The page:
As a general rule of thumb, if any component of the objective function of the algorithm involves a distance measure, either between observations or to a central location, the data should be scaled before training the algorithm. If the algorithm is rule-based, such as a decision tree, scaling is not necessary. However, even if there is not an explicit need to do so, it is never necessarily wrong to scale the data, but the scale should be noted when it comes to interpretation. Using this heuristic, the following is a (non-exhaustive) mapping of where some of the most common algorithms fit in this regard.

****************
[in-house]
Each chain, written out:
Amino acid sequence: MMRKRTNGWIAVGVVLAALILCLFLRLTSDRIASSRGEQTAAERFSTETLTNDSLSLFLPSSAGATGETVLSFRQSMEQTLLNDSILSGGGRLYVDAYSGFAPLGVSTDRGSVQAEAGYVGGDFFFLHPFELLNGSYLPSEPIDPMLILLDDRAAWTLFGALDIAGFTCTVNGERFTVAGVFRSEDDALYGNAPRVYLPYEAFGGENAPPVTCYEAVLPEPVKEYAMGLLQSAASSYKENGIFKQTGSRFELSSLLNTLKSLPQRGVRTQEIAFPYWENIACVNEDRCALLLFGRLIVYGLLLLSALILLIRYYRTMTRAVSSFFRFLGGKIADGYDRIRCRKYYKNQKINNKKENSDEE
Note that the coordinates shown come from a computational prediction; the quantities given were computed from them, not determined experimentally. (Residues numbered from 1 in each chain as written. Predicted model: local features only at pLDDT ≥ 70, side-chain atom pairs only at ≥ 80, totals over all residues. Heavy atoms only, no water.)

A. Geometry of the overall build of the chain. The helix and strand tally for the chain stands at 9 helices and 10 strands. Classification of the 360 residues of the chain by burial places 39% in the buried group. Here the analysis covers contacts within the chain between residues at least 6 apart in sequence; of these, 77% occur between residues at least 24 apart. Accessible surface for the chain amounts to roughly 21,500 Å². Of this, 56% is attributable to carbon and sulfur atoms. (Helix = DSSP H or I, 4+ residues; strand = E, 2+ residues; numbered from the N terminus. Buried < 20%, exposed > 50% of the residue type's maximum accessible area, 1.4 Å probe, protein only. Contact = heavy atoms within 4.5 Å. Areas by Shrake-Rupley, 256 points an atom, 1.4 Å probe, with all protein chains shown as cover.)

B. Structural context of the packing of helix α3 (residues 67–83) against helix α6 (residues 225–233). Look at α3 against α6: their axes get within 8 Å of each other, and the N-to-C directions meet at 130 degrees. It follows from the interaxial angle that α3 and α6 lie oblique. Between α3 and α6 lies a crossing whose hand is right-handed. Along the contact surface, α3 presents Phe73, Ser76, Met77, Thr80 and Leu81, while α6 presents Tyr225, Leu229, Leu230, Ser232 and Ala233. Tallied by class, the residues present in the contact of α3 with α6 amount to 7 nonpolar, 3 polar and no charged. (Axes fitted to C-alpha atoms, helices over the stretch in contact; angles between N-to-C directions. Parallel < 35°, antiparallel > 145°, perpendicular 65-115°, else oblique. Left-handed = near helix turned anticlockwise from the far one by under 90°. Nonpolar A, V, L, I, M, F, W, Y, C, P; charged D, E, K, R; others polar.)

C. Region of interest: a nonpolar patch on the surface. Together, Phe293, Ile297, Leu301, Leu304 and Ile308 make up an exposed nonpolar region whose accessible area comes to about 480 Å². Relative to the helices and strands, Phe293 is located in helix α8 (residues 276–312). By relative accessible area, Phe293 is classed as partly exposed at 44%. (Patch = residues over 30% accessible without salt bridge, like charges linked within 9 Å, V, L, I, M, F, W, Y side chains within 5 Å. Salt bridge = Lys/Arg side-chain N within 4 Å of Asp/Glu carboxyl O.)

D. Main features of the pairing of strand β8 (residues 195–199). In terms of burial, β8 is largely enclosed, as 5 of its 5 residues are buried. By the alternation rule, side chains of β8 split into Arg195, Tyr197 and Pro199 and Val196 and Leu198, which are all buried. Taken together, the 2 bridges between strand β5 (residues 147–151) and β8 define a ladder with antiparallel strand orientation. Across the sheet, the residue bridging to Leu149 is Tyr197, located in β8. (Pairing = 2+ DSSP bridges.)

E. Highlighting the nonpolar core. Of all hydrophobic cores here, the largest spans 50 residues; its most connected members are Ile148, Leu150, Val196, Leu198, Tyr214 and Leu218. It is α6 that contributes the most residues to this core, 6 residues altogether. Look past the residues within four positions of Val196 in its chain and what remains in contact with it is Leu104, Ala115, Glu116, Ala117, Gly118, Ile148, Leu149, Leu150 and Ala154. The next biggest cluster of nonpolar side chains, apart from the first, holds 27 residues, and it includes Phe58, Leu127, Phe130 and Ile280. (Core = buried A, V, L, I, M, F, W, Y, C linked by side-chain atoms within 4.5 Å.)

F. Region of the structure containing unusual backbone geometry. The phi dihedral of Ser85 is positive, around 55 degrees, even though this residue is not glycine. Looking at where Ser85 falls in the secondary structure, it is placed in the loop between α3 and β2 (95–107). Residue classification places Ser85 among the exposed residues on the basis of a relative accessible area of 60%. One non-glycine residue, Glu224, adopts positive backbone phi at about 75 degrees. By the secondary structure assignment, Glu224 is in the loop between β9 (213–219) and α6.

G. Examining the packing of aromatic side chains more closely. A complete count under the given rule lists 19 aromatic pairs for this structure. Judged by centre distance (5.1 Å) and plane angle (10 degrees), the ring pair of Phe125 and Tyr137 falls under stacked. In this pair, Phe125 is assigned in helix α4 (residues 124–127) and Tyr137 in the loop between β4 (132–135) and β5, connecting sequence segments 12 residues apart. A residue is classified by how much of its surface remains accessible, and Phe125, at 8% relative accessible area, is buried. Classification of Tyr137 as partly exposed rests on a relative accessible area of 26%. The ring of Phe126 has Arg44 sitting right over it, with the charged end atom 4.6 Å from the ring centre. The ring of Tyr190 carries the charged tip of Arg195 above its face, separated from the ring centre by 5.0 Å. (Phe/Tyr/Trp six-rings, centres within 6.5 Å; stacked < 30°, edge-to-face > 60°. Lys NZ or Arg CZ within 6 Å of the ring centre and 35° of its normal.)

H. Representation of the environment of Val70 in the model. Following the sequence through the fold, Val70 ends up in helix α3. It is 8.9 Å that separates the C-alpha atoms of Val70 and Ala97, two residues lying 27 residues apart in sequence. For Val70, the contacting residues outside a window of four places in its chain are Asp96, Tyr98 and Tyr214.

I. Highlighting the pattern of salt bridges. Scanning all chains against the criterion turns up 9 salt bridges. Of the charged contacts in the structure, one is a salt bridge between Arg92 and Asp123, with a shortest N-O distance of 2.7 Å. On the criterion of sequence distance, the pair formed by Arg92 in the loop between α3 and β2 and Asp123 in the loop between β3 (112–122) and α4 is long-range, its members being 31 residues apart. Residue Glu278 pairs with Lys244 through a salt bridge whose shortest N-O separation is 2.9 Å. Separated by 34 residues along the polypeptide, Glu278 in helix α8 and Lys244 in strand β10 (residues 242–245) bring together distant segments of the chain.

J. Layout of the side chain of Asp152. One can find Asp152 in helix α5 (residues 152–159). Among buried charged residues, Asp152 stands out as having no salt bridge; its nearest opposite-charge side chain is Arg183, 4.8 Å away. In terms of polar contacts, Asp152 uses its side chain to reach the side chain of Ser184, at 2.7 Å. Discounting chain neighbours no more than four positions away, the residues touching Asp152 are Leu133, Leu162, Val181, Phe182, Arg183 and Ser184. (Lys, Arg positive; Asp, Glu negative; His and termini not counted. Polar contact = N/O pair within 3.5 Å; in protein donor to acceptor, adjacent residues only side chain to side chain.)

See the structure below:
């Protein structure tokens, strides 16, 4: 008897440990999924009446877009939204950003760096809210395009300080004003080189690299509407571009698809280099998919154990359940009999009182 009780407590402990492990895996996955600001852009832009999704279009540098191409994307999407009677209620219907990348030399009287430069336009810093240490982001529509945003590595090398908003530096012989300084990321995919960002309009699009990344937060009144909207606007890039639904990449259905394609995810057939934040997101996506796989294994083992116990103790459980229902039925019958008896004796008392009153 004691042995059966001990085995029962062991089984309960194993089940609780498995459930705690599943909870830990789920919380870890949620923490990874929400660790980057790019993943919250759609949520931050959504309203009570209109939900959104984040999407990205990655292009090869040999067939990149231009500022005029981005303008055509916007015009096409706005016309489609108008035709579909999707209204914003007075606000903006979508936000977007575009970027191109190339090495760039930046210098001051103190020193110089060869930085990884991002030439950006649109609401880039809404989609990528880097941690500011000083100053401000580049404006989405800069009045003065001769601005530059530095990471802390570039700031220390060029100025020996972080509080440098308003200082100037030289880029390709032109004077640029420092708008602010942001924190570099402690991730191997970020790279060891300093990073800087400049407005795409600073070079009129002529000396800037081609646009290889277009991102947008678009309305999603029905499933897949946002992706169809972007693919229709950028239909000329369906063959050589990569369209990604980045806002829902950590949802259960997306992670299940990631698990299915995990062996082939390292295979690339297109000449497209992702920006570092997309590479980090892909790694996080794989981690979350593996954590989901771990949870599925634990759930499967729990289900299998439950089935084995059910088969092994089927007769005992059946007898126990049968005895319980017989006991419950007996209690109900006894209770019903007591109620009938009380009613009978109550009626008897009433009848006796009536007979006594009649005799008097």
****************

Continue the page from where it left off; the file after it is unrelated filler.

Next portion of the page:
Scaling is Necessary

- Neural Networks (more so to aid in convergence of gradient descent optimizer)
- Regularized Regression (Ridge, LASSO, Elastic Net, etc.)
- Support Vector Machine
- K-Nearest Neighbors
- K-Means
- Dimensionality Reduction (PCA, Factor Analysis)

Scaling is Not Necessary

- Ordinary Regression (regular Linear, GLM regression w/o regularization)
- However, if optimization is done using gradient descent, scaling data helps in convergence.

- Decision Tree Methods (CART, Random Forest, GBM, etc.)
- Naive Bayes